People in the past referred to them as ‘yeast’ and believed that their function was to cause fermentation, today, modern science has confirmed that the function of enzymes is not fermentation, rather to act as a catalyst in living matter. In Puer tea, enzymes promote the release of fragrances and bring about other changes; enzymes in tea leaves have a direct relationship to the moisture content, temperature, humidity, etc.

After fresh leaves are picked, the process of dehydration is catalysed by enzymes. In the wilting process, between 10 and 16 hours, the activity of enzymes continuously increases up until 16 hours after which it starts to decline. *

The cataysing function of enzymes directly affects the formation of Wulong and Black tea. In Puer tea production, wilting can facilitate change and is beneficial to the teas quality.

Conclusion: Even though wilting is not considered a necessary process in both traditional and modern production, it is beneficial to the changes that take place and the quality of Puer tea, and is absolutely neccessary.”

*The article here is not suggesting that wilting in the Puer making process should be done for such a long time – it is merely describing the activity of enzymes in relation to time.

Yunnan Puer Tea Magazine, Spring 2011.


It would be easy to dismiss this as commercial patter serving the interests of big tea business so I thought it might be interesting to do a little ‘sondage’ of some publications to see if this point of view was generally supported.

A quick browse round publications in a local bookstore highlighted the broad acceptance of wilting shai qing mao cha for Puer tea. Pick up any Puer tea magazine and there’s always at least a couple of pictures of tea put to ‘wilt’. Of course, we could dismiss this as serving commercial interests, so here are a few more references;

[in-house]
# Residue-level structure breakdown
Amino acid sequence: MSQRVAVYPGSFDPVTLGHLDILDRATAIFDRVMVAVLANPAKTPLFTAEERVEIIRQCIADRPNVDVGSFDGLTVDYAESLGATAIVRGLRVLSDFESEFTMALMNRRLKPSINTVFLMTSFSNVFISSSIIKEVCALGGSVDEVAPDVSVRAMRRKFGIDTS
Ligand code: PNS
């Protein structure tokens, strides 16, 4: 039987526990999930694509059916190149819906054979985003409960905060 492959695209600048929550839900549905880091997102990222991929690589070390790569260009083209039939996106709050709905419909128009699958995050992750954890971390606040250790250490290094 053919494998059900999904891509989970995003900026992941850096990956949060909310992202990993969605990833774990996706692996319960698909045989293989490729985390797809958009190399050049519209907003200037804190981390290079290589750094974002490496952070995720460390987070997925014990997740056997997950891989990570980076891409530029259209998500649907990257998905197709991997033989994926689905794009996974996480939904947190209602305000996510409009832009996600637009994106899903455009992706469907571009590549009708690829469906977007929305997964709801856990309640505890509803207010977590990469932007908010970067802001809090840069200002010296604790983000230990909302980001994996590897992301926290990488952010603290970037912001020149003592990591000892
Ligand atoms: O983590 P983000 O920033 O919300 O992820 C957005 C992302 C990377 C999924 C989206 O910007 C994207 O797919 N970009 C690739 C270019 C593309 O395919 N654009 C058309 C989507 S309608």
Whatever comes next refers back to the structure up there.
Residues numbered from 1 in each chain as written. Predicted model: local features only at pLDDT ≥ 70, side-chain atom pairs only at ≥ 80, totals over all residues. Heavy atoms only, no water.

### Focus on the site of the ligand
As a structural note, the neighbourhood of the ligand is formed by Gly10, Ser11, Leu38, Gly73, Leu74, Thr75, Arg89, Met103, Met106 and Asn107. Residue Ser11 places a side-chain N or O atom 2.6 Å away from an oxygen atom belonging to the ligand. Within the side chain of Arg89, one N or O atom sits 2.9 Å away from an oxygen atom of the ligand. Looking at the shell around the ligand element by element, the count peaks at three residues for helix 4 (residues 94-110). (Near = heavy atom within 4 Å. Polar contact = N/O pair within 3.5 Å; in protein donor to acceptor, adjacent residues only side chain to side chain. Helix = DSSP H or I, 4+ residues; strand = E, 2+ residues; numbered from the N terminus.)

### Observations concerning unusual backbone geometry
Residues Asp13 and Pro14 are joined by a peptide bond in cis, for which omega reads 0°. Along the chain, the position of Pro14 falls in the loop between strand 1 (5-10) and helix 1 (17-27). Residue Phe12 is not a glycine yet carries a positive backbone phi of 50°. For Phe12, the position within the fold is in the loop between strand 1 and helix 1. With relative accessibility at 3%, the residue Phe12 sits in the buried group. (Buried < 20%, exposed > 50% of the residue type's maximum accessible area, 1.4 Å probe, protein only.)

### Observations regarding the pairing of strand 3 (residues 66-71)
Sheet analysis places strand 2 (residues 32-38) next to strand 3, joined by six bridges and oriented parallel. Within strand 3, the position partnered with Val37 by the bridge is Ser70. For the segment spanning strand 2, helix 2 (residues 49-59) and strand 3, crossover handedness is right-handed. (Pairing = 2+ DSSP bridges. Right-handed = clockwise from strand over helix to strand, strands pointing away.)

Looking through some rather more official publications:

People’s Republic of China, International Standards GB/T22111-2008, Product of geographical indication (sic)- Puer tea.

“6.5.1 shai qing cha”

“xian ye tan fang – sha qing – rou nian – jie jue – ri guang gan cao – bao zhuang

Spread out fresh leaves –   kill green  –  roll  –  finish  –  sun dry  –  wrap

Here they use the phrase tan fang – to spread out. There is no further detail

So here:

Yunnan Tea Basic Production Skills (Yunnan cha ye chuzhi jishu)

This book describes 6 steps to produce ‘dian qing‘ a term sometimes preferred for shai qing mao cha – the raw material from which all Puer tea is made.

“Basic process of making sun dried tea (Shai qing cha ye chu jia gong)”

2 – tan qing

After fresh leaves have been collected, they should be spread out to a suitable depth. 10-15 centimetres, allow the fresh grassy smell to disipate and the fragrance to augment. No moisture should be visible on the surface of the leaves. When the leaves have lost about 10% of their weight they are ready to fry.”

Here they use the phrase tan qing but the meaning is the same as tan fang and the objective – to reduce the moisture content in the leaves – is the same.

One could also dismiss these government publications on the basis that they also have interests to look out for, so I picked up  a book I haven’t looked at in a while:

Liu Qin Jin is a fan of cooked Puer tea and no great fan of young Puer – he states in his book ‘Appreciation  and Brewing of Puer Tea’ that Sheng cha should not even be called Puer tea until it has acquired the properties that are associated with aged Puer tea – i.e appropriate cake and broth colour and flavours/aromatic qualities that are typically associated with a well aged tea. He puts that at a solid 15 years.